Wednesday 20 May 2015


KHAYIM GOLDBLUM (1865-May 8, 1936)
            This was the adopted name of Khayim Kishinevski.  He was born in Ostre, Wolhynia.  His father Arn-Leyb was—as he described it in his memoirs—“a women’s tailor, but a scholarly Jew and a very pious one.”  Until age ten he studied in religious primary school, thereafter in synagogue study hall under the guidance of scholars and rabbis.  Later, he prepared to become a ritual slaughterer.  At that time he became acquainted with writings of the Jewish Enlightenment.  He was therefore driven out of the synagogue study hall, and his parents threw him out of the house.  He diligently began to study worldly subject matter, and in 1888 he went to study in Berlin with the assistance of a stipend from the Odessa “Khevre mefitse haskole” (Society for the promotion of enlightenment [among the Jews of Russia]).  He was a free auditor at university and studied in the Breslau seminary.  For a time he lived in Belz, Bessarabia.  In 1897 he returned to Odessa, and he passed the teacher’s examination.  He took part in the revolutionary movement (1905), and in 1906 he emigrated to the United States.  He worked in a sweatshop in New York.  In 1908, together with the two teachers Shabtai Lerner and A. Shleger, he conceived a plan to open a modern secular Jewish school.  The three of them worked out a program, published it in several hundred copies, distributed these twelve-page brochures themselves to Jewish homes, and thus founded the first secular Jewish school in Brownsville, New York City.  In 1919 he became secretary of Sholem-Aleykhem School Number Five in New York.  Around this time he began writing and his first publication was a Passover story in the first issue of Kinder-zhurnal (Children’s magazine), and thereafter he was a frequent contributor.  In 1929 he moved to Los Angeles, California, where he worked as a teacher.  He published stories and tales in Kalifornyer idishe shtime (Jewish voice of California) and ran a “children’s corner” in Idishe teglekhe prese (Jewish daily press), edited by L. Blank.  He was also a campaigner for vegetarianism.  His published books include: Vegetarizm (Vegetarianism) (New York, 1913), 14 pp.; Murashkes (Ants), stories (New York: Matones, 1925), 62 double-columned pp.; Legendn un mayselekh (Legends and stories) (Los Angeles, 1935), 224 pp.; and his Yiddish translations of Tolstoy’s In shlakht hoyz (In the slaughter house [original: Na boinye]) (Chicago, 1915), 15 pp.; and of Elisée Reclus’s Vegetarizm (original: On Vegetarianism) (New York, 1921), 40 pp.  In 1921, with Yitskhok Horovits, he edited the monthly Di vegetarishe velt (The vegetarian world), and in November 1935, together with Dr. Ostrovski, he published Vegetarisher gedank (The vegetarian idea) in Los Angeles (altogether four numbers appeared).  He died in Los Angeles.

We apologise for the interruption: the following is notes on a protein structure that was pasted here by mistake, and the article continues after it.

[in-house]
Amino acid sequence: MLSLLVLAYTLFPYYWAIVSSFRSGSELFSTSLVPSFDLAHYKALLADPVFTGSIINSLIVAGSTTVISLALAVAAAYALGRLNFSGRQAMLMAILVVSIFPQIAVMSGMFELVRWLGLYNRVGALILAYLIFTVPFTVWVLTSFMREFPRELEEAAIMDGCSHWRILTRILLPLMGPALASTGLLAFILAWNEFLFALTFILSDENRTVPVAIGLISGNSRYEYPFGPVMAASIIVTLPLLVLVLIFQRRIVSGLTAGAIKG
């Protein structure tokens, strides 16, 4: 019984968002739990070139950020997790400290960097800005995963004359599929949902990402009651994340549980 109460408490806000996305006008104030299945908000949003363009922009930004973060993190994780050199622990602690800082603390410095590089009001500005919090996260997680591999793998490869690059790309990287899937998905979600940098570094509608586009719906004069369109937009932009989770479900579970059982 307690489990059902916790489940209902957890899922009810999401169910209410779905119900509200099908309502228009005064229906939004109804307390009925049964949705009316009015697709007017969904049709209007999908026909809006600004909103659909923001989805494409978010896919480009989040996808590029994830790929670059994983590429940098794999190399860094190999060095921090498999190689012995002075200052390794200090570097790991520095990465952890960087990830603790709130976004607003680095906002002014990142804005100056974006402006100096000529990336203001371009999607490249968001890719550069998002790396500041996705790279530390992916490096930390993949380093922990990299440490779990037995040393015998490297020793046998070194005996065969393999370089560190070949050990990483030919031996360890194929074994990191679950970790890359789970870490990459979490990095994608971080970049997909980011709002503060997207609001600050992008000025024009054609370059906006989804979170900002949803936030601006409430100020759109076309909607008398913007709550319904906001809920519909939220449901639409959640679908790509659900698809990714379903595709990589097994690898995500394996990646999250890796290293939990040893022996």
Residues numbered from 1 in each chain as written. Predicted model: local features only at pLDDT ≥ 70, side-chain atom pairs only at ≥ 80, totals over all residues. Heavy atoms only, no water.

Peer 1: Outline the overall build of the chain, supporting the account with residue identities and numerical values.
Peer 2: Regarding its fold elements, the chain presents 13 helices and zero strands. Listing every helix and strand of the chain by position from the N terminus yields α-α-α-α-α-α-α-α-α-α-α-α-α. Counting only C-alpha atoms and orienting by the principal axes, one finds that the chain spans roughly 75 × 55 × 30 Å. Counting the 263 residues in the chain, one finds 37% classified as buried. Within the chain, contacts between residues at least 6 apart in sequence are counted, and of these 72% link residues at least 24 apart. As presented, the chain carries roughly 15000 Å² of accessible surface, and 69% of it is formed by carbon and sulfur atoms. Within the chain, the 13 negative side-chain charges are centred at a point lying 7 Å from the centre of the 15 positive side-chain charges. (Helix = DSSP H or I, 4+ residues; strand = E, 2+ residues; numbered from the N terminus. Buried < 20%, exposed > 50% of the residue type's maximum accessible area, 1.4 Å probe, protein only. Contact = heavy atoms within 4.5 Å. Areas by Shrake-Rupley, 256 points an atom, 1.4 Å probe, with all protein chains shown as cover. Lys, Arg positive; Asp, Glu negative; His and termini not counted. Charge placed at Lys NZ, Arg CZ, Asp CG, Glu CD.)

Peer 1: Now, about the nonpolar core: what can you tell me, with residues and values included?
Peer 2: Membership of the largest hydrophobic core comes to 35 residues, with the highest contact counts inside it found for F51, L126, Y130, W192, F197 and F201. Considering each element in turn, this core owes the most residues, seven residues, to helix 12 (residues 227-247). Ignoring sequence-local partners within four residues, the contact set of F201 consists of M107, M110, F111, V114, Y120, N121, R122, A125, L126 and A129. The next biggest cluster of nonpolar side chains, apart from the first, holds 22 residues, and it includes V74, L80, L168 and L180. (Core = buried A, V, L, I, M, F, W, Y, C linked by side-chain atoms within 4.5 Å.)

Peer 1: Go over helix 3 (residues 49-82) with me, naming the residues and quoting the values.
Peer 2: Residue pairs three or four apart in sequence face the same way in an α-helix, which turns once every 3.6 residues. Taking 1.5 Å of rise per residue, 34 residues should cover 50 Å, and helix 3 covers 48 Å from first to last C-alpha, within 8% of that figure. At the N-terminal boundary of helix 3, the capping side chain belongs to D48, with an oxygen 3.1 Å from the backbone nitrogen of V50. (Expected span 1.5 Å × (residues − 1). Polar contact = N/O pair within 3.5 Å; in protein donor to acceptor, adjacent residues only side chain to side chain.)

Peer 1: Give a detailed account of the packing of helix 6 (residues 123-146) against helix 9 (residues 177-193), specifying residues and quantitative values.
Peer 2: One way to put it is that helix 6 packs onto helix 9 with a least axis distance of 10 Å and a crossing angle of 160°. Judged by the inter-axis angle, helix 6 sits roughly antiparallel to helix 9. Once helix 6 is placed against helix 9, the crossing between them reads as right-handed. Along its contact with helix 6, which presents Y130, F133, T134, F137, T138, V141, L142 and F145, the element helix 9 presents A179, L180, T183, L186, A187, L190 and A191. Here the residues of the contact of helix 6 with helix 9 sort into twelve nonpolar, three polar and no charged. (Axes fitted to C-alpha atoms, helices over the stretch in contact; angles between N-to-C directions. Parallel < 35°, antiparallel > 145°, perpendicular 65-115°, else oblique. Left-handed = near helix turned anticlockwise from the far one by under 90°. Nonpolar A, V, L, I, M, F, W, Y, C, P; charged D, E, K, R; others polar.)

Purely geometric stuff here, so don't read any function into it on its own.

Sources: Kh. Goldblum, “Abisele zikhroynes” (A few memories), in Legendn un mayselekh (Los Angeles, 1935), pp. 5-23; obituary notice in Kinder-zhurnal (New York) (May 1936); Y. Sh. Naumov, “Di yidishe prese in kalifornye” (The Yiddish press in California), Heshbn 5 (Los Angeles) (1954); Y. Lamed, “Pyoner fun progresivn gedank in los andzheles” (Pioneer of progressive thinking in Los Angeles), Heshbn 5 (Los Angeles) (1954).

Zaynvl Diamant

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